Gentler technique replacing 'open' sinus surgery in Medicare population, study finds
MONDAY, May 17 (HealthDay News) -- Sinus surgery via endoscope is becoming more popular as a treatment for chronic sinus disease among seniors on Medicare, a new study finds.
People diagnosed with chronic sinus disease suffer from infections and inflammation that last longer than three months. Their symptoms can include congestion, runny nose, headache, facial pressure and loss of smell.
Treatments include medications -- including steroids and antibiotics -- and irrigation of the nose with saline solution. In severe cases, patients may undergo surgery, sometimes several times.
Rather than "open" sinus surgery, which requires cuts to the skin, endoscopic or keyhole surgery uses a thin, flexible tube with a tiny camera and an optic light inserted through the nose to take close-up views and project them on a screen to guide the operation.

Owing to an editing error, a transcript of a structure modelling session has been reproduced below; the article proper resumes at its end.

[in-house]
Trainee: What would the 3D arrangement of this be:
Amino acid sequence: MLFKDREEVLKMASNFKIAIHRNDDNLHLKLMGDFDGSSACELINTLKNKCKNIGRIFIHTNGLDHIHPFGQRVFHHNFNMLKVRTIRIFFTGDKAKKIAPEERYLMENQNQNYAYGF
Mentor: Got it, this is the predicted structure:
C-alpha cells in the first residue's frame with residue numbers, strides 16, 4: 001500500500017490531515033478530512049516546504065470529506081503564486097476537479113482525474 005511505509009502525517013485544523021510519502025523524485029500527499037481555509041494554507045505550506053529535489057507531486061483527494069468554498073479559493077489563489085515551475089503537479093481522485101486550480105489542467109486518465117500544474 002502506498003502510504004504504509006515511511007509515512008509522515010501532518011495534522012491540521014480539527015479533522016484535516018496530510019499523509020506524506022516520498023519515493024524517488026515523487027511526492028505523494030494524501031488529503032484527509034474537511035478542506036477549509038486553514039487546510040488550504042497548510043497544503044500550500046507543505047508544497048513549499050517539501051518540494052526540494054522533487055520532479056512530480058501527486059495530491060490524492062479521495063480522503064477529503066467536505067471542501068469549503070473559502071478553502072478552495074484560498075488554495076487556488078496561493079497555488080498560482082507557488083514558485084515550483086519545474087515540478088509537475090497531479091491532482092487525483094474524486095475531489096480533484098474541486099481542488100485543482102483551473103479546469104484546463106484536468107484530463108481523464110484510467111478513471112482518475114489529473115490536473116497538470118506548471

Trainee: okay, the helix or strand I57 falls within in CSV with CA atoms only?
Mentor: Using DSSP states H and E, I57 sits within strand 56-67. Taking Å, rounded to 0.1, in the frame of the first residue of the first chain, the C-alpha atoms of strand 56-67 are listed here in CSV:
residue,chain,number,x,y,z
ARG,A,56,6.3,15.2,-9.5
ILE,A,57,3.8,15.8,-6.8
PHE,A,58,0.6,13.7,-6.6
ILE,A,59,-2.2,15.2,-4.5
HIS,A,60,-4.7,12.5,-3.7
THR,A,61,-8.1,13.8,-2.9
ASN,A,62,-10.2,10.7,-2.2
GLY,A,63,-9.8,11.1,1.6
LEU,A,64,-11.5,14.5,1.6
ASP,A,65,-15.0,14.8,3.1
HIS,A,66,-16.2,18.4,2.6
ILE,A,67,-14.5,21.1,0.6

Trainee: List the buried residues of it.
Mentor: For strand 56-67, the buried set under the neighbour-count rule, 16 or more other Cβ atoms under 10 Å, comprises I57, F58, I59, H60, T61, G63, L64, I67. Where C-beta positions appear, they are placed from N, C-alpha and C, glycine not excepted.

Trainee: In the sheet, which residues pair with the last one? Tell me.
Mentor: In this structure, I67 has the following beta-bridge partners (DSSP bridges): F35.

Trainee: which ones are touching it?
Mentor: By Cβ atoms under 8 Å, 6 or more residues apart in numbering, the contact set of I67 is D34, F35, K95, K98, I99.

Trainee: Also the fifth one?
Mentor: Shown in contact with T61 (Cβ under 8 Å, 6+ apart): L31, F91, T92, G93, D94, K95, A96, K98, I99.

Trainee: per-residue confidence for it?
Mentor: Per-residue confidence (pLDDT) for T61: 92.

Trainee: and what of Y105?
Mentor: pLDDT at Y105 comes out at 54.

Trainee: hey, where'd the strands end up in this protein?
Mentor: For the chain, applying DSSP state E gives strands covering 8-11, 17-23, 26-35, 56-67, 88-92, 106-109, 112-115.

The procedure has been used in the United States since 1985 and is considered gentler on the body than open sinus surgery. In their study, Dr. Giridhar Venkatraman of Dartmouth-Hitchcock Medical Center and colleagues sought to determine how common it has become by studying Medicare recipients aged 65-99.
The researchers found that the rate of endoscopic surgeries grew by 20 percent between 1998 and 2006, even though slightly fewer people on Medicare were diagnosed as having chronic sinus disease.
During the same period, the rate of so-called "open" sinus surgery fell by 40 percent.
The findings suggest that endoscopic surgery is "increasingly becoming the mainstay" of chronic sinus disease treatment in the Medicare population, the authors write.
The study appears online May 17 in the journal Archives of Otolaryngology -- Head & Neck Surgery.
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